http://stonefruit.co/category/health/ July 8, 2018
lexapro price I missed you last week because I was on an island somewhere in Lake Michigan attending a preaching conference that was focused primarily on reading the biblical verbs. In fact, the title to the lecture series was, “Reading the Verbs: Finding the Script in Scripture.”
It’s funny to think that you could make a 5 day lecture series on verbs. It’s funnier, part of me says back to myself, that I would choose to go to such a thing. But, I did, and I was glad I did. I had never thought so thoroughly before about parts of speech in the bible, but doing just that can actually lead to some valuable insights.
When we read the bible we tend to focus on the nouns. Whether we know it or not we are noun-first readers. But, the nouns get distracting. Here’s a list of some of them: cubits, shekels, arks, archangels, manna, mandrakes, pharos, fleshpots, cherubim and Nephilim, Pharisees and Philistines, Samaritans, Syrophoenicians, and divided tongues of fire. Anna Carter Florence, our lecturer for the week, says that the nouns are a “constant reminder that we’re reading about a galaxy far, far away,” when we read the bible. “And that, in turn, lets us keep our distance,” which of course is the big problem. We end up spending lots of time and energy translating between the languages of these distant galaxies, comparing the biblical world to the “real world” in which we live. A successful effort decodes the meaning but often leaves us no better off, no closer to God.
Nouns also lead to fighting. And, that’s because we pick the nouns we like, the ones that fit our preferred theologies, and we dismiss the ones we don’t like as belonging to another time and place.
But the verbs are different! Carter Florence writes, “What is true in life is also true in scripture: the verbs dominate. It’s what we do and don’t do that preoccupies human beings. And it’s the verbs we cannot imagine for ourselves (live, liberate, forgive, resurrect) that the church offers and that we reach for, week after week.”
The residents of Christ’s hometown in today’s scripture passage are noun people. They cannot recognize what Christ is doing because they are preoccupied with who he is, or rather, who they know him to be. They miss the teaching; they miss the healing, because they are convinced that he’s the carpenter, the son of Mary, the brother of James. They miss the action because they are stuck on the nouns.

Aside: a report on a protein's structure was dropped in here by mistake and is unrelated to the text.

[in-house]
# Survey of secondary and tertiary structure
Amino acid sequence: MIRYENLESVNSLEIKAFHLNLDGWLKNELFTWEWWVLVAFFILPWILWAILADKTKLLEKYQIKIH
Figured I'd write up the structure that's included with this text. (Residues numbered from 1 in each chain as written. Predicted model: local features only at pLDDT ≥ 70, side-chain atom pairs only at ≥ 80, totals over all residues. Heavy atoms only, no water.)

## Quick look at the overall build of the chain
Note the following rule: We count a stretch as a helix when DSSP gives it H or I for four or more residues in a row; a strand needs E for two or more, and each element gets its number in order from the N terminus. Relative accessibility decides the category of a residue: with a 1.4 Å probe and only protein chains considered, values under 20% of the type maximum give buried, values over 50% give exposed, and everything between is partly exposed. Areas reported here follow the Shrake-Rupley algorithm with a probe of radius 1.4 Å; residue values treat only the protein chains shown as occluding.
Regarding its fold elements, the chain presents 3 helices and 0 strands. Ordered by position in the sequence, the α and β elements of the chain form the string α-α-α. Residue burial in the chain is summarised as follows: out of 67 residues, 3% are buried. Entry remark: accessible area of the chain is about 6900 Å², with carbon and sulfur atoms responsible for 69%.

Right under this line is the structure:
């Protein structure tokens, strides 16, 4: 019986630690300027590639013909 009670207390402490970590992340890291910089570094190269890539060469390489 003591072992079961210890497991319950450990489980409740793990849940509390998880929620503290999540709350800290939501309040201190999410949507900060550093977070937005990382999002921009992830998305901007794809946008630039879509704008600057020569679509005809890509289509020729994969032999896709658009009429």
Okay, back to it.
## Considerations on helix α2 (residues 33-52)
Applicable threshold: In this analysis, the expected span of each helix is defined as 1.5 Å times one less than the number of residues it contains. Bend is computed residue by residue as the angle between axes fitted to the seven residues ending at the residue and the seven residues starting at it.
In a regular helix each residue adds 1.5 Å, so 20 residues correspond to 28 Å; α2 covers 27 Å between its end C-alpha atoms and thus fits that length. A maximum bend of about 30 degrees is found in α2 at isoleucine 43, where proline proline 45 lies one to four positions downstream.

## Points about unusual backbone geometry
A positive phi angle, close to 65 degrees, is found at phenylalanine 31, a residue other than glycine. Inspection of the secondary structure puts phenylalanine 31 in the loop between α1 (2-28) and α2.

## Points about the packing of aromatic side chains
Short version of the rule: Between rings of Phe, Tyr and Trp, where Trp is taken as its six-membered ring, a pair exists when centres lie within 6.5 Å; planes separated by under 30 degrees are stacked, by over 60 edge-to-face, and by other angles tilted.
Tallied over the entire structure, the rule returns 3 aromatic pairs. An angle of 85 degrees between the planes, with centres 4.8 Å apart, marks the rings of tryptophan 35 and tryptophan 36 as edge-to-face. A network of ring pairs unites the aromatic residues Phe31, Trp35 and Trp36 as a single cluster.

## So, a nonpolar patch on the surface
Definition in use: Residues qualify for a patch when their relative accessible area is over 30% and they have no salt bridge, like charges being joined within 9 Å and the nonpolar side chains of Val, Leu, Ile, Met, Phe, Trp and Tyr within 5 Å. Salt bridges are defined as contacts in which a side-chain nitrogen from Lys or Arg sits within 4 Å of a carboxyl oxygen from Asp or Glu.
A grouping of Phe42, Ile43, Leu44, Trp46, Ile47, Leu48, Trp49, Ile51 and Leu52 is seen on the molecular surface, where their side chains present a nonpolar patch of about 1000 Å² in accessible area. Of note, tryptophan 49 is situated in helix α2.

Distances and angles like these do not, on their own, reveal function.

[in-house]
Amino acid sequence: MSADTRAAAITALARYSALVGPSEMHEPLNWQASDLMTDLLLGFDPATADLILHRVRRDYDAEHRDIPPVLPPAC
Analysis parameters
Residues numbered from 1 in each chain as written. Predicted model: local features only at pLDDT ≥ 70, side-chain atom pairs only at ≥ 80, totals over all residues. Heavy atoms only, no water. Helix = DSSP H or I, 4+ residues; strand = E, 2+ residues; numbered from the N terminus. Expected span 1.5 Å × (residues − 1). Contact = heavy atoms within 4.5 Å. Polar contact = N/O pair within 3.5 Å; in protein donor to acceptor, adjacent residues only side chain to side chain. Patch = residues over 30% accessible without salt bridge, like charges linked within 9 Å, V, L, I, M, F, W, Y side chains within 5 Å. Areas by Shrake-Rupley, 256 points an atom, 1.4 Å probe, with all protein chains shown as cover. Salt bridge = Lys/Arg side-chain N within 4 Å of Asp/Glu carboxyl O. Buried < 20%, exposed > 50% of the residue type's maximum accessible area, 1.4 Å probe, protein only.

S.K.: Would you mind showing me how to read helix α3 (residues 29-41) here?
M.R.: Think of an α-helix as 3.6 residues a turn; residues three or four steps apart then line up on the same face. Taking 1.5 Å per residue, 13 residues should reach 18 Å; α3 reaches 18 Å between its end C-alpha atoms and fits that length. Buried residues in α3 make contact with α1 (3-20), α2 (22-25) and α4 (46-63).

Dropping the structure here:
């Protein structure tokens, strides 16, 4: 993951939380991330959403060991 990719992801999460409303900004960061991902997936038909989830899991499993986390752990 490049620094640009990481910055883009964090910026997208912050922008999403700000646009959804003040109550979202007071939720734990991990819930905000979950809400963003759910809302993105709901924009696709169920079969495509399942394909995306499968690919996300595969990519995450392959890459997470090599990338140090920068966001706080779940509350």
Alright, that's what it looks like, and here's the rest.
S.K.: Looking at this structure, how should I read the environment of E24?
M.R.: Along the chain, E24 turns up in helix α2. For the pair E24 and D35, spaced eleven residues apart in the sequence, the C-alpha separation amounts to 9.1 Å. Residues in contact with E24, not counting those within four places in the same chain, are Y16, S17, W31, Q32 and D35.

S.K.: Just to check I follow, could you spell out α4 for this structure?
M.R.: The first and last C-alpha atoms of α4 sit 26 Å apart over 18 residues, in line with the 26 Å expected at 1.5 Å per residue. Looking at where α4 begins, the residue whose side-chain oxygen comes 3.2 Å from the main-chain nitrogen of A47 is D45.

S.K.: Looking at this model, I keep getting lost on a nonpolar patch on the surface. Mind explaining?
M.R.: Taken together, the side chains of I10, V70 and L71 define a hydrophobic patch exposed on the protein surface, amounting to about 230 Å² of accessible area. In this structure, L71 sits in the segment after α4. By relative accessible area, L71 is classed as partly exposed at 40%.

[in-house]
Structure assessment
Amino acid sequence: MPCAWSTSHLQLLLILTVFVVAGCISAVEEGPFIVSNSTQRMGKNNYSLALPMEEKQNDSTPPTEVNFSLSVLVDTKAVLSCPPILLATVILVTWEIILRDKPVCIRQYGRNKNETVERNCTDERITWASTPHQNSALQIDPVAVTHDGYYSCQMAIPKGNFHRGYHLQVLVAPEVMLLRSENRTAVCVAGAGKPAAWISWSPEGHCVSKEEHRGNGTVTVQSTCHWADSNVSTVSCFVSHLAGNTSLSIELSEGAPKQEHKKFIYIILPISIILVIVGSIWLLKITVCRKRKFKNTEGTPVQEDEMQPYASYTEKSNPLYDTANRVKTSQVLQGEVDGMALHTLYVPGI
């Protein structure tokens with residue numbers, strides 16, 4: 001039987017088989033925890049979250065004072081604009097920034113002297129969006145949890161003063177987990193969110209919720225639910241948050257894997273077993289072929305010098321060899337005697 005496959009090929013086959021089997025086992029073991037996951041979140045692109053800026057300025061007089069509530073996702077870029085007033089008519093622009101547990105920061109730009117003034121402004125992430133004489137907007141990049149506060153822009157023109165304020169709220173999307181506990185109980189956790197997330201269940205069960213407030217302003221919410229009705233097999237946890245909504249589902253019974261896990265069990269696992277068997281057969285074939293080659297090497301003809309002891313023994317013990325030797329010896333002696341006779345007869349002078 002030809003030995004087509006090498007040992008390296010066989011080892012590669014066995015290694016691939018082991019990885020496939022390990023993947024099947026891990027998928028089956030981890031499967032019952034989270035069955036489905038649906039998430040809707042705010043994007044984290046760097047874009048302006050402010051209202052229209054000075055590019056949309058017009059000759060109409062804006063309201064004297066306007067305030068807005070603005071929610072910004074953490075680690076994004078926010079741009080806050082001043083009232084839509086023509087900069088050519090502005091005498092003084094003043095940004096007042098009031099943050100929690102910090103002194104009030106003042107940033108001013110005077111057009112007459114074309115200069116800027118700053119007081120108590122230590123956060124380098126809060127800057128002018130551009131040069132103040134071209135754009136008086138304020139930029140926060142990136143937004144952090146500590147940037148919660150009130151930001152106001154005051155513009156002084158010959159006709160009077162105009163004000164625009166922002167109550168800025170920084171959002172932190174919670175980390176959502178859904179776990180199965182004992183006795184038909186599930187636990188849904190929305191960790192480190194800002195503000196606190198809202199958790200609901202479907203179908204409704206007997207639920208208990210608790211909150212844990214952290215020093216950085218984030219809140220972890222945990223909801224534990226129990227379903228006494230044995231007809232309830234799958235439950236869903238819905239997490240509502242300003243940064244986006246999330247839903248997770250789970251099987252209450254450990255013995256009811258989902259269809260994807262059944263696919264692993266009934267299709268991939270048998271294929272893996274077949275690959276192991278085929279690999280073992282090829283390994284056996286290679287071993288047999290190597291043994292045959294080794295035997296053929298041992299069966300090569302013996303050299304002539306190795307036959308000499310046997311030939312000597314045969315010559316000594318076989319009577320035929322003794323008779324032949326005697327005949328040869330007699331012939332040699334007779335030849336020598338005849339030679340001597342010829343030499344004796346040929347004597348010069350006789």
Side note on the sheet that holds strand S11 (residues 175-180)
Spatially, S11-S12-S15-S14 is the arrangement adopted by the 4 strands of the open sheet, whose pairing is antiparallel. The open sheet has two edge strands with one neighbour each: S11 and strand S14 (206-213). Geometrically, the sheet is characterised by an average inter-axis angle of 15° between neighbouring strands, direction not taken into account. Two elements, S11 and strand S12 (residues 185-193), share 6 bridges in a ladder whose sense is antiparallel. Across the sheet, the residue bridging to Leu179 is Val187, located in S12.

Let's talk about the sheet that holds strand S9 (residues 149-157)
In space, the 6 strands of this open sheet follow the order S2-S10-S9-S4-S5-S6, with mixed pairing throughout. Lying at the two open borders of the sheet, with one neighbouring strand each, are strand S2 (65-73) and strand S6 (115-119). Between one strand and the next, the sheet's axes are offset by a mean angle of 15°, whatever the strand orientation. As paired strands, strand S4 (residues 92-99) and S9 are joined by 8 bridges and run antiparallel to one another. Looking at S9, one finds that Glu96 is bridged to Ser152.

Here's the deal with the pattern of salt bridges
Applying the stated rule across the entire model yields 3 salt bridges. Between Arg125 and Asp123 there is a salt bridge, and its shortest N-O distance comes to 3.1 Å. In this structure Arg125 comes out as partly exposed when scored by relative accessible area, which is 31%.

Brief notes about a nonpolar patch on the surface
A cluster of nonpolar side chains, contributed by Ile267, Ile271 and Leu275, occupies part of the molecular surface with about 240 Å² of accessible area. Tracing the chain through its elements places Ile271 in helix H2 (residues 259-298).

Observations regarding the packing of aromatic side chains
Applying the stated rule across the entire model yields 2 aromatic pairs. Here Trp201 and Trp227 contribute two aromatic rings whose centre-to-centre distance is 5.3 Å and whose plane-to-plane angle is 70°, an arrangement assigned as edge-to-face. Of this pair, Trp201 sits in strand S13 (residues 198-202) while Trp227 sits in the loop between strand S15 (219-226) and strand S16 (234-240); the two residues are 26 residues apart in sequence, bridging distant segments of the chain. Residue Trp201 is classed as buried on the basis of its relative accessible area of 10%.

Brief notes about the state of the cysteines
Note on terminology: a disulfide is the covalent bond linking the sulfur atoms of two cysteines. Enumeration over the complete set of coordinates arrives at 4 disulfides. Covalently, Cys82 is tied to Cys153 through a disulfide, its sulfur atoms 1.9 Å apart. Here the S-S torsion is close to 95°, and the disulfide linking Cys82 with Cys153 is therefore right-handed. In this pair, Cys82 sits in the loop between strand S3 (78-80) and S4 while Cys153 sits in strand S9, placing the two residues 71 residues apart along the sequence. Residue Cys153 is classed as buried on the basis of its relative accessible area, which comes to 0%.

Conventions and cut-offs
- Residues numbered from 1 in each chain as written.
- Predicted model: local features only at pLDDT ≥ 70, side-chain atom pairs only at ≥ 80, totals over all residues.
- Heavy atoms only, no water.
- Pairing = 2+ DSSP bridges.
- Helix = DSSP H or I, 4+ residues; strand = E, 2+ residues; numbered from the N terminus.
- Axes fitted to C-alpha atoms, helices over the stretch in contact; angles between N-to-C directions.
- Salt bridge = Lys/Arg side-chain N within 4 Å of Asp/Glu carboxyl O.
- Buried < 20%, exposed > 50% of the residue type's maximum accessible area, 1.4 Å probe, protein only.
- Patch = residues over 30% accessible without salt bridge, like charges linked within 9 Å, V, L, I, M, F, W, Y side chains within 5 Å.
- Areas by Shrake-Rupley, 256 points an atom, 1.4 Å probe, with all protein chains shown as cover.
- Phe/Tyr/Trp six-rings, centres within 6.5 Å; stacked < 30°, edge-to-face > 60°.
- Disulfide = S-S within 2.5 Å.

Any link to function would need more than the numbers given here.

But, Mark, our author is a verb guy. The first thing we learn is that Jesus “left that place and came to his hometown.” It strikes me that there’s great determination in those verbs. “That place,” is the home of one of the leaders of the synagogue. It’s the home of Jairus, whose daughter had just died. The people said, “Don’t bother; there’s nothing left to do.” But, Jesus persists. “Little girl, get up,” he says beside the mat on which she laid. And, “immediately” Mark tells us, the little girl rose. So, “that place” is a place of life in the midst of death. “That place” is a place of resurrection. It’s a place of restoration. It’s a place where the kingdom of God has broken though.
But, Jesus left that place and he came to his hometown. He left in order to come to a people who could not, or would not, see him. He left to come to a place that needed him but didn’t know it. He left in order to be present to those who would reject him.
Carter Florence suggests that we think for a moment about where the action of our passage is echoed elsewhere in scripture. Here I thought of Christ on the cross praying for those who hammered in the nails, praying for those who turned their backs, betrayed or denied him. “Father, forgive them, for they know not what they do.”
I thought of the criminal hanging at Christ’s side, and despite Christ’s pain and anguish, despite reasons to be done with his work, he grants the man salvation: “Truly, I tell you, this day you will be with me in paradise.”
The verbs of our passage today show us again Christ’s tenacious will to grant new life even in the face of rejection, to bring new life even where it’s not invited.
And the verbs go on. Jesus went out among the villages. He called the twelve; he sent them out, he gave them authority, and his determination gave them theirs. They went out, they proclaimed, they cast out, they anointed, they cured. They succeeded in doing Christ’s work.
The message as I hear it is twofold. First, it is that we get to hear the verbs for ourselves. It is to know that Christ’s tenacious will to grant grace is directed at us. It’s a will to forgive you, to draw you in, to grant you life, to fill your soul, to heal your heart, to sanctify your spirit, to renew your sacred self, to set you on the course of your loved and deepest life. We are invited to hear Christ’s words for ourselves. “Little girl, rise up.” Or, “Your sins are forgiven you.” Or, “Your faith has made you well.” These are the living words, the perpetual messages of the living Christ tenaciously offered to us again and always.
The second part of the twofold message is simple. It is that we get to offer them too. We need nothing more than what we have and the courage to hear Christ’s call and we too can offer others the words of life.
Rehearsing Scripture, page 17.
The Christian Century, March 28, 2018, see the back cover.